Syrian volunteer teachers are determined to get back to the classroom
ANTAKYA – OSMANİYE, Turkey, October 2014 – In front of a single-floor, humble house on a sidestreet of the suburbs of Antakya city, in the southern Turkey, a narrow garden is bordered by a small wall and iron wires.
The building’s facade is brick red and freshly painted. The stream of children carrying schoolbags rushing in and out is the only hint of its purpose and the Arabic signs at the entrance are the only clue that it’s not Turkish.
Fatima Al-Zahraa School is just one of the community schools for Syrian children in Antakya, a town that has seen a huge influx from its war torn southern neighbour. Inside, the narrow hallways, bedrooms converted to classrooms jam-packed with plastic chairs and old desks make it obvious that it used to be a home. The school has five classes in total — to accommodate the children the wall between the bathroom and a room was knocked-down to make a classroom. The shower curtain still hangs at the back of the room.
The school’s principal, Necla Hicazi, is an English teacher from Idlib. She has been volunteering as both a teacher and in the day-to-day management of the school soon as the school opened in 2013. The teaching staff is made up of a team of 21, who together instruct 310 students in shifts — 150 pupils go to school in the morning and 160 of them attend in the afternoon.
Running the school is no easy task as Necla has to constantly look for funding. An NGO financed the renovation of the school after it caught fire during exam period last year, but there’s a continuing need for basic support. “We receive support now and then — we have some basic needs like furniture, stationery, school bags, books and school uniform. Our teachers also need financial support,” she said.
As an experienced teacher, she is also a mother to four children whose education is suffering. “My older daughters would be going to university in Syria now, but they can’t do that because of the war,” she said. “We rented a flat in Antakya and my husband works but we still have some financial problems. Back in Syria we had an orderly life but the conflict meant we lost our jobs, our house and our car.”
A completely different school profile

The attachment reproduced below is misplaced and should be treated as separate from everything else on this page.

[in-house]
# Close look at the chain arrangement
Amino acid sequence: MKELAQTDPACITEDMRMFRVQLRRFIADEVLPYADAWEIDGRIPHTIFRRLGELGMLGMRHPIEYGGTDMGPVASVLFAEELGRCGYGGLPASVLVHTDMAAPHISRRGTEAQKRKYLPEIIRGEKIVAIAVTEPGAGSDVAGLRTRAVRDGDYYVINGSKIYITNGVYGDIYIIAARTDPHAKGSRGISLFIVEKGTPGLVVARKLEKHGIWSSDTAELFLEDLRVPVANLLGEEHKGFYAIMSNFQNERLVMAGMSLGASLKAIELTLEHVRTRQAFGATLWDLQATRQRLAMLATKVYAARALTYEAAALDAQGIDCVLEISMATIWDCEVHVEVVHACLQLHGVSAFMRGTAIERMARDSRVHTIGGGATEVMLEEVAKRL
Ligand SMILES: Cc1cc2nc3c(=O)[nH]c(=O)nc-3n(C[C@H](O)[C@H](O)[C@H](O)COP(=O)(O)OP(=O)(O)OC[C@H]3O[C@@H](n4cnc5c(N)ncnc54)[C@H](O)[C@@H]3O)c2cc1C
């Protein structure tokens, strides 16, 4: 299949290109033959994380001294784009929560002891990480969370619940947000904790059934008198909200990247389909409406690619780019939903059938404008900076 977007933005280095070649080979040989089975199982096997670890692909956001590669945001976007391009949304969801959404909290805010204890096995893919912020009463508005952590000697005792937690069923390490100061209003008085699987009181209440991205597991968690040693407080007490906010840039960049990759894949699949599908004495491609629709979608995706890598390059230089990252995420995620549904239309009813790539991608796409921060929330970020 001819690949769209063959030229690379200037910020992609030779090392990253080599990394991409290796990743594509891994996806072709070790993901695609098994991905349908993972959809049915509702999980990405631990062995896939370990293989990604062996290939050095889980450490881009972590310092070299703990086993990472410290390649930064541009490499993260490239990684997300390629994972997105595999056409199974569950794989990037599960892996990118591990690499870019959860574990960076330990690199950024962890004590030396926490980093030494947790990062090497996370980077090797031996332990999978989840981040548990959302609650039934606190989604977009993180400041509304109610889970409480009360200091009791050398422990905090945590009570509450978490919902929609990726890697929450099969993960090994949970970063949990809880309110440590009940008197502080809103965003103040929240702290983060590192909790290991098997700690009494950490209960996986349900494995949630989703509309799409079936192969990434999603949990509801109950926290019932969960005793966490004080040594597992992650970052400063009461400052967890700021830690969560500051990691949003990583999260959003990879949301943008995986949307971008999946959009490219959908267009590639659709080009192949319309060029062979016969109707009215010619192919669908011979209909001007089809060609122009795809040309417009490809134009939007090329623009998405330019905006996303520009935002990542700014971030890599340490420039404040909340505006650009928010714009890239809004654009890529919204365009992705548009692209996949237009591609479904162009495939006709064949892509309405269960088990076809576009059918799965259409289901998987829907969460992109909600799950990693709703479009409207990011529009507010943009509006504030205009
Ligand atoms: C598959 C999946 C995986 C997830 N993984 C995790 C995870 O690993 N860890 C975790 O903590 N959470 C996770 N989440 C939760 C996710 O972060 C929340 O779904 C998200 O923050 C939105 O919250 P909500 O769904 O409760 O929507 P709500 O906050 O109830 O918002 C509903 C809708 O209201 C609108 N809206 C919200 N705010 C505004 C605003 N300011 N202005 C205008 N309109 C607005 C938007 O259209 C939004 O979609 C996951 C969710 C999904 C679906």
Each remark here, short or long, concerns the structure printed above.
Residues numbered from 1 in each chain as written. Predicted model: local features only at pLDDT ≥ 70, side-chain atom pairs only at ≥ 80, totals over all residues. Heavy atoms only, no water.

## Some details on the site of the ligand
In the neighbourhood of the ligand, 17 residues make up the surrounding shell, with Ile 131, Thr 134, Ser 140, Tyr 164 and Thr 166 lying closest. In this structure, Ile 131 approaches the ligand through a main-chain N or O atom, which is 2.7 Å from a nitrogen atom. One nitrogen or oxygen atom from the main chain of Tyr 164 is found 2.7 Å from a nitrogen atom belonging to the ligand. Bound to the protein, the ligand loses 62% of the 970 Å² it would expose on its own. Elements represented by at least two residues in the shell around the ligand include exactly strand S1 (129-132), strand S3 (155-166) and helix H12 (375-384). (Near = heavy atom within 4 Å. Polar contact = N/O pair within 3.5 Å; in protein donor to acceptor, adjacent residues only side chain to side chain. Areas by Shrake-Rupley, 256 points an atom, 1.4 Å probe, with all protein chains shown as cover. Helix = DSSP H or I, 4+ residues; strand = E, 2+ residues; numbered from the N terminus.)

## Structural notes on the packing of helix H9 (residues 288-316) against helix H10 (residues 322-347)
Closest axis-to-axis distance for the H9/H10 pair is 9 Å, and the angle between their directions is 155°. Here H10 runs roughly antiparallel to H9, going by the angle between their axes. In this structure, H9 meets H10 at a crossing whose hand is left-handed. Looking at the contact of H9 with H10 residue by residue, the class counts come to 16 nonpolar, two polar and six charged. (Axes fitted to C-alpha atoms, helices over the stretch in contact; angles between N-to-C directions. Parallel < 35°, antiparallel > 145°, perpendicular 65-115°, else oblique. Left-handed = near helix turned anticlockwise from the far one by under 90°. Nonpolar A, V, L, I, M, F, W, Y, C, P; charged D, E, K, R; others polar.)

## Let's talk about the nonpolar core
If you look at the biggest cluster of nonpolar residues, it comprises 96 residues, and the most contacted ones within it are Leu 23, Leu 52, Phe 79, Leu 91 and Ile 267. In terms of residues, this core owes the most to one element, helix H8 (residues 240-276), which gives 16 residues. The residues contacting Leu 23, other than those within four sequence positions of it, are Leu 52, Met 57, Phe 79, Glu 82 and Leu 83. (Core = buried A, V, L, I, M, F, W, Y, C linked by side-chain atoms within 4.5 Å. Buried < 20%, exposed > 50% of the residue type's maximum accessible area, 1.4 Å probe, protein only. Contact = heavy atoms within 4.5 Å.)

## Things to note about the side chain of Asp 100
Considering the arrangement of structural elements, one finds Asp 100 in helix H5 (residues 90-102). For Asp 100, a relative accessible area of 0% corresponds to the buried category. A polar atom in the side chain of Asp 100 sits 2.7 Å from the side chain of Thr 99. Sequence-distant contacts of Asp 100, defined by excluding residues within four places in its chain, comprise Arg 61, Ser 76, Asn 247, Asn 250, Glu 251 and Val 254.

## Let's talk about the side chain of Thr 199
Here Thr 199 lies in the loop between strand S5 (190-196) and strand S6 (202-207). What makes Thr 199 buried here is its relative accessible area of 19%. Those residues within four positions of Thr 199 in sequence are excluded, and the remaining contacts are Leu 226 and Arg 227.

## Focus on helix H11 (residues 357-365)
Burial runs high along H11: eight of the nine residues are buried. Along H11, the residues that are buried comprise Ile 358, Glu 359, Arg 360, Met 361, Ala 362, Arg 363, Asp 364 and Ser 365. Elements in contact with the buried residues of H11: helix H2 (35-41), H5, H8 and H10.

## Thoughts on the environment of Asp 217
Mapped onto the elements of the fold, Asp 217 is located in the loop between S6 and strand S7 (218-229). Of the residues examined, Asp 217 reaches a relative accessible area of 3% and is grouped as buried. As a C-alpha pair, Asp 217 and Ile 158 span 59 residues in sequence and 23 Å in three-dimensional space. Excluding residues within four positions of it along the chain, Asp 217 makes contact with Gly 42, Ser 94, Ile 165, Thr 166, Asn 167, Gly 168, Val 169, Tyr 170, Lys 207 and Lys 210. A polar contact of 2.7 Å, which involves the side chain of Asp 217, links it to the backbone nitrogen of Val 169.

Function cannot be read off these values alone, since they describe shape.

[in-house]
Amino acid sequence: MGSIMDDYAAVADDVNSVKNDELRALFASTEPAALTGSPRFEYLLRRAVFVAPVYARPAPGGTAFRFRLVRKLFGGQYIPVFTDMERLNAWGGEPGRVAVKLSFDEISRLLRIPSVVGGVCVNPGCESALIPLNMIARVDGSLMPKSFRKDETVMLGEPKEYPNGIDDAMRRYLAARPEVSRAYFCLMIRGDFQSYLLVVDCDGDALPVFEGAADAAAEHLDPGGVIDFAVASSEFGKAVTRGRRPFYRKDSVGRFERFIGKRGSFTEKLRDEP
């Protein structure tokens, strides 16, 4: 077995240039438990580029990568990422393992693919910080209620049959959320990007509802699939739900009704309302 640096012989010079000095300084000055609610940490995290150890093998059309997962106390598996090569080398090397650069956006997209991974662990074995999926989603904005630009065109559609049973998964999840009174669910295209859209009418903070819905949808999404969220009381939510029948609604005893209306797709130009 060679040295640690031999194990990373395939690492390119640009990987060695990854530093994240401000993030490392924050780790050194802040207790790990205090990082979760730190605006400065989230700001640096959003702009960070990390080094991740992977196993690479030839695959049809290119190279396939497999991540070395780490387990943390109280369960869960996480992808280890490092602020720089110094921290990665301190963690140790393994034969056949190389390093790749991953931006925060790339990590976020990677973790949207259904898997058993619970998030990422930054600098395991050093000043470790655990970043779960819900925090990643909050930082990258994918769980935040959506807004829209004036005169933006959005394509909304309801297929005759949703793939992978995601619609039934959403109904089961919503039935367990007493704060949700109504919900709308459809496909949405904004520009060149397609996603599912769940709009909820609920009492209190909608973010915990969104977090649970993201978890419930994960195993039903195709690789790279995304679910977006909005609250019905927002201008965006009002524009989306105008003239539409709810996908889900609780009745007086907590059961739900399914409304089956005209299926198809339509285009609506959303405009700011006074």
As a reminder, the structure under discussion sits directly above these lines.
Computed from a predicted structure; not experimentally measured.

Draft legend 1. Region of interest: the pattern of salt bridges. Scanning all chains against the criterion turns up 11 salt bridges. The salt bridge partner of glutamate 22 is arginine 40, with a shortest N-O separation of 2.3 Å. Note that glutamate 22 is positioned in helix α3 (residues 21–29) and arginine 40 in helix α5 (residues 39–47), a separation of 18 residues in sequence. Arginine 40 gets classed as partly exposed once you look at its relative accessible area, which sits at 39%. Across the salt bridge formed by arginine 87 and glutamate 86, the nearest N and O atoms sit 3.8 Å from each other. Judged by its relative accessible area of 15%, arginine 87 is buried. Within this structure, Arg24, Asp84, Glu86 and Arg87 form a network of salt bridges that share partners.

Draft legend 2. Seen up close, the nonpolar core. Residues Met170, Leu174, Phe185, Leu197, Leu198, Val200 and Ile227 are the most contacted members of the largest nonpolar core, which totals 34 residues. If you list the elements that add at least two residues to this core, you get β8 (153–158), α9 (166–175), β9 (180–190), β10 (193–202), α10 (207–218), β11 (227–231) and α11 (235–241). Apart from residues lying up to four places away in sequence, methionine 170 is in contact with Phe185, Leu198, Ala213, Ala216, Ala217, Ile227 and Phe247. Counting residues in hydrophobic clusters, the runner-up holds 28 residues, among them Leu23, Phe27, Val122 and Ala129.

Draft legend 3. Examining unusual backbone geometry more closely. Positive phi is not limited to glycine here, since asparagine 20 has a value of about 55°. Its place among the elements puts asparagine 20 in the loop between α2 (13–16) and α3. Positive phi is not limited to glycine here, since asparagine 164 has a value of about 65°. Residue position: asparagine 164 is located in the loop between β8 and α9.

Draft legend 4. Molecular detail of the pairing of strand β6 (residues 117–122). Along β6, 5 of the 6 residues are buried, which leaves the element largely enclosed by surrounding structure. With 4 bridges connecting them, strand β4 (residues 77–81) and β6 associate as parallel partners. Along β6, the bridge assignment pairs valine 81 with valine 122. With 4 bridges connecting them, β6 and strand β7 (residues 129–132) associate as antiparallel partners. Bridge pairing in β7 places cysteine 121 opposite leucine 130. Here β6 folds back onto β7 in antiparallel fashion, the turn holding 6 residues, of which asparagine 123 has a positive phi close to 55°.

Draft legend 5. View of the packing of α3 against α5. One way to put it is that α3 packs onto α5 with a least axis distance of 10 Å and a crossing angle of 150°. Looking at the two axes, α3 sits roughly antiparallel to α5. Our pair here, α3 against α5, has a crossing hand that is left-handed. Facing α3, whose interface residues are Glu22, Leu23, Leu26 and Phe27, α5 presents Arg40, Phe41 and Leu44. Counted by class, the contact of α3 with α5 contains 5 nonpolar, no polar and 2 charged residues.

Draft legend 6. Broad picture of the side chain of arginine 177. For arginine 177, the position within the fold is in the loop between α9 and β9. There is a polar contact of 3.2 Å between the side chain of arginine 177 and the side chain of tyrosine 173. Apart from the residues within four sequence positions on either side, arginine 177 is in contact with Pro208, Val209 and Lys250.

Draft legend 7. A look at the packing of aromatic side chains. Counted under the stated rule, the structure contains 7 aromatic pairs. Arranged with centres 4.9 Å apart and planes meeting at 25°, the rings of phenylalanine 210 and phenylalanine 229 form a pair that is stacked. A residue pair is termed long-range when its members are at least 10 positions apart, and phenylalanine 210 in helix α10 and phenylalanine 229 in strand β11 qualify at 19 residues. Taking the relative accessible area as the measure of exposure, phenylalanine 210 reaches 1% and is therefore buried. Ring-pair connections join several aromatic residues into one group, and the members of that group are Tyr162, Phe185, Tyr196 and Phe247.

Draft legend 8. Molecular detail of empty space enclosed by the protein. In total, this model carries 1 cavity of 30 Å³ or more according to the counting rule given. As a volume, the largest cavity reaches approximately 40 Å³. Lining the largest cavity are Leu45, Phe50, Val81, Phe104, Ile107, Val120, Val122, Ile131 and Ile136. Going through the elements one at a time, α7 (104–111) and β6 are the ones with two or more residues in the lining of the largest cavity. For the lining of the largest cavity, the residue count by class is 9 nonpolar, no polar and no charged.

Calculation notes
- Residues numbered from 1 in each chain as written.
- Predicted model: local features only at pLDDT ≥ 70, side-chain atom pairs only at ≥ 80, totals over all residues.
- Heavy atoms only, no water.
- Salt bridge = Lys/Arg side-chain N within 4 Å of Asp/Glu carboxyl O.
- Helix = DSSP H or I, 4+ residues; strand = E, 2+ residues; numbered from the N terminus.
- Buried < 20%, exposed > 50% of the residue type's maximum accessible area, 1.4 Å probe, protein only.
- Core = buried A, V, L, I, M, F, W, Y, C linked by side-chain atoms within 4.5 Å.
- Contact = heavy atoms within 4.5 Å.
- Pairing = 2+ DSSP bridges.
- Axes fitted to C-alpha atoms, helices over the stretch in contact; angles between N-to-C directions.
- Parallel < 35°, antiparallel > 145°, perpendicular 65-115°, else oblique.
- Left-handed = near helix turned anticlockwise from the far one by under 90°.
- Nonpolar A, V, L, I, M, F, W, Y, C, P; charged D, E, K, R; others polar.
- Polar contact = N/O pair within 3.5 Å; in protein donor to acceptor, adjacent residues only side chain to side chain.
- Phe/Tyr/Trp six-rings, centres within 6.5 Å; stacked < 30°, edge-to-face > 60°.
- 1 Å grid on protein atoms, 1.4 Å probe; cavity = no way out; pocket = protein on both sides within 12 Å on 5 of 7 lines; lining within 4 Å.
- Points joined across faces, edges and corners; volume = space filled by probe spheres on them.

In Osmaniye, a town 150 km away from Antakya, Syrian children attend a totally different school — one that was purpose built. The prefabricated building has 12 classrooms and is adjacent to a big sports complex. It’s construction was coordinated by AFAD, with the assistance of UNICEF and with the financing of the US Government.
Unlike in Antakya, the school has a large garden when the children can run and play games — there is even a special area to park their bikes. The classrooms are new, clean and well-equipped.
The school’s principal, Nurettin Acuz, is a maths teacher with 12 years experiences. He came to Osmaniye from Latakia. When he first arrived, he was upset that the Syrian children had no access to school and immediately started to look for solutions. “The children either sat at home all day or wandered around outside, in the parks or on streets,” he said. “I applied to the authorities for a school and they asked me to visit each and every house in the region to collect student information. Once we had this, we managed to establish the school.”
All 53 of the teachers are volunteers and were recruited locally. The primary school, middle school and high-school sections have a combined total of 1,850 registered students and will officially open its doors in September 2014, although they have already started running catch-up classes in summer months.
Mr. Nurettin emphasized the importance of education by saying: “Science is very important. Children will not remain uneducated thanks to science. By the time we go back home, these children will have become doctors, engineers and lawyers. If children remain ignorant, we will lose our future generations”.
UNICEF Turkey continues support the regional programme to prevent Syrian children from becoming a “lost generation”. There are currently 14 schools up and running, with a further 36 under construction to reach the target total of 50. Supporting Syrian volunteers such as Mr. Nurettin or Mrs. Necla is a key part of the UNICEF Turkey objective.
UNICEF promotes the rights and wellbeing of every child, in everything we do. Together with our partners, we work in 190 countries and territories to translate that commitment into practical action, focusing special effort on reaching the most vulnerable and excluded children, to the benefit of all children, everywhere.
For more information about UNICEF and its work for children, visit www.unicef.org.